Today, any business or organisation that wishes to target specific audiences, either to sell a product or service, to raise awareness of an environmental issue, or to promote a particular political point of view, has powerful tools at their disposal.
Putting it plainly, our personal data is harvested, accumulated, distributed, and auctioned to the highest bidder. The industry that grew from those early days of smartphone technology is, according to Apple, worth an incredulous $280 billion per annum.
But in a recent update of its operating system, Apple is about to throw this model into a state of flux. From now on, with a single finger swipe on an iPhone, users will be able to prevent their IDFA – the identifying code that enables apps to track users – from being disclosed. The company has implemented various measures to prevent alternative means of harvesting this information. Of course, this is limited to your device only and Apple has no jurisdiction on the cloud, which is where the information about users is actually aggregated and shared.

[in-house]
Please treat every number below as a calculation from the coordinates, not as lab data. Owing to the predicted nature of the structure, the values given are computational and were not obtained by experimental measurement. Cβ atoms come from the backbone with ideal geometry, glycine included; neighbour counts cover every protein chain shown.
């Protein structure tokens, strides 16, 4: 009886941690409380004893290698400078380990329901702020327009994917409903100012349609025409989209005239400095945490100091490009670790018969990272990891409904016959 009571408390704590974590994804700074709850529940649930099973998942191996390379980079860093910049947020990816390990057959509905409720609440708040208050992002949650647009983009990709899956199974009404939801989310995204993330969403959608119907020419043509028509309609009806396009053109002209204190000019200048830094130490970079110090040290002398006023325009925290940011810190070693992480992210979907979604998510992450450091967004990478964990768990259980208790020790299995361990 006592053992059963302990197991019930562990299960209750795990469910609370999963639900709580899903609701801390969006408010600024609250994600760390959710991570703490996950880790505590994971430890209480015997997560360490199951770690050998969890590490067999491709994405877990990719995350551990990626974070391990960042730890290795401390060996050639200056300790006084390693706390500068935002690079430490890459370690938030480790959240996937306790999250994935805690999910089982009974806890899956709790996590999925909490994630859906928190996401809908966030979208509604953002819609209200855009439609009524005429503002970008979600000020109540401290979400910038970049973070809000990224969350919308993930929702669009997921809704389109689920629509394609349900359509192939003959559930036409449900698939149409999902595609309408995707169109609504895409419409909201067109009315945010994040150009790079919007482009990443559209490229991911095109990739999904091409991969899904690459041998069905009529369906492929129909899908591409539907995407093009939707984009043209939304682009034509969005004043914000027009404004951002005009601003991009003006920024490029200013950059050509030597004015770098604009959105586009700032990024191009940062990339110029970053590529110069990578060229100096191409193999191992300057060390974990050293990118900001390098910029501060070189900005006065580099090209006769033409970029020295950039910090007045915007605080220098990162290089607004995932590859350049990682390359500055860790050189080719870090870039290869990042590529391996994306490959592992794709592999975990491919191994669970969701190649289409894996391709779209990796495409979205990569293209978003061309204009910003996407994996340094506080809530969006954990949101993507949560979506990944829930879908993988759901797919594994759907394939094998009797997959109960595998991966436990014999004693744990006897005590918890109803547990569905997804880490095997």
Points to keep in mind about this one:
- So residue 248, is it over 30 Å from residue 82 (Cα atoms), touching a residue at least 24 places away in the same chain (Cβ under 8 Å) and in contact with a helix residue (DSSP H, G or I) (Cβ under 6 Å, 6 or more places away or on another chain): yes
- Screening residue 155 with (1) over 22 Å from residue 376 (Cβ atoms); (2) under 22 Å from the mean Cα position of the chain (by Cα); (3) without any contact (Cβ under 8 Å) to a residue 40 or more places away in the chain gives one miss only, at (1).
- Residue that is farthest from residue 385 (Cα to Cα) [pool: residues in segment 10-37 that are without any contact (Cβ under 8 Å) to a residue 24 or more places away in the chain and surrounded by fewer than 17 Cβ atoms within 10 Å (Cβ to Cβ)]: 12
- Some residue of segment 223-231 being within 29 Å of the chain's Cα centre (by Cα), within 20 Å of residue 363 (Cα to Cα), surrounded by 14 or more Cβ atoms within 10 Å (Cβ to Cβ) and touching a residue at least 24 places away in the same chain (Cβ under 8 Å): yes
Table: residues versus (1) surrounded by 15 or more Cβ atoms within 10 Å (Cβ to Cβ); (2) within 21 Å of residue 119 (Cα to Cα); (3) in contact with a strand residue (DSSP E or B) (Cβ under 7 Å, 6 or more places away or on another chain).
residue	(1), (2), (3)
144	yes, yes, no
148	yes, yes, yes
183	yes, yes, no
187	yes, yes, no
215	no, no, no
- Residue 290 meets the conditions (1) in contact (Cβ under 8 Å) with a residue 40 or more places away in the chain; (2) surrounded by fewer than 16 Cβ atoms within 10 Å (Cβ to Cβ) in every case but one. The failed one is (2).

The decision has been part of Apple’s strategy for some time. Over a decade ago, Steve Jobs stated, “I believe people are smart and some of them want to share more data than others. Ask them. Ask them every time. Make them tell you to stop asking, even if they get tired of asking them. Let them know precisely what you plan to do with their data.” His successor Tim Cook has maintained this stance. Earlier in the year, Cook said, “If everything in our lives can be aggregated and sold on, we lose so much more than data, we lose the freedom to be human”.
Cynics might point out that Apple has, of course, started to expand its own advertising model, tracking iPhone users in similar ways to Google, TikTok, et al. But if Apple does get its way and does win the battle over our data, it is clearly demonstrating its power over the biggest companies in the world. If you’re interested in learning more about this subject and how it might affect you, take a look at this presentation by Apple, which describes how data is currently harvested on a day-to-day basis.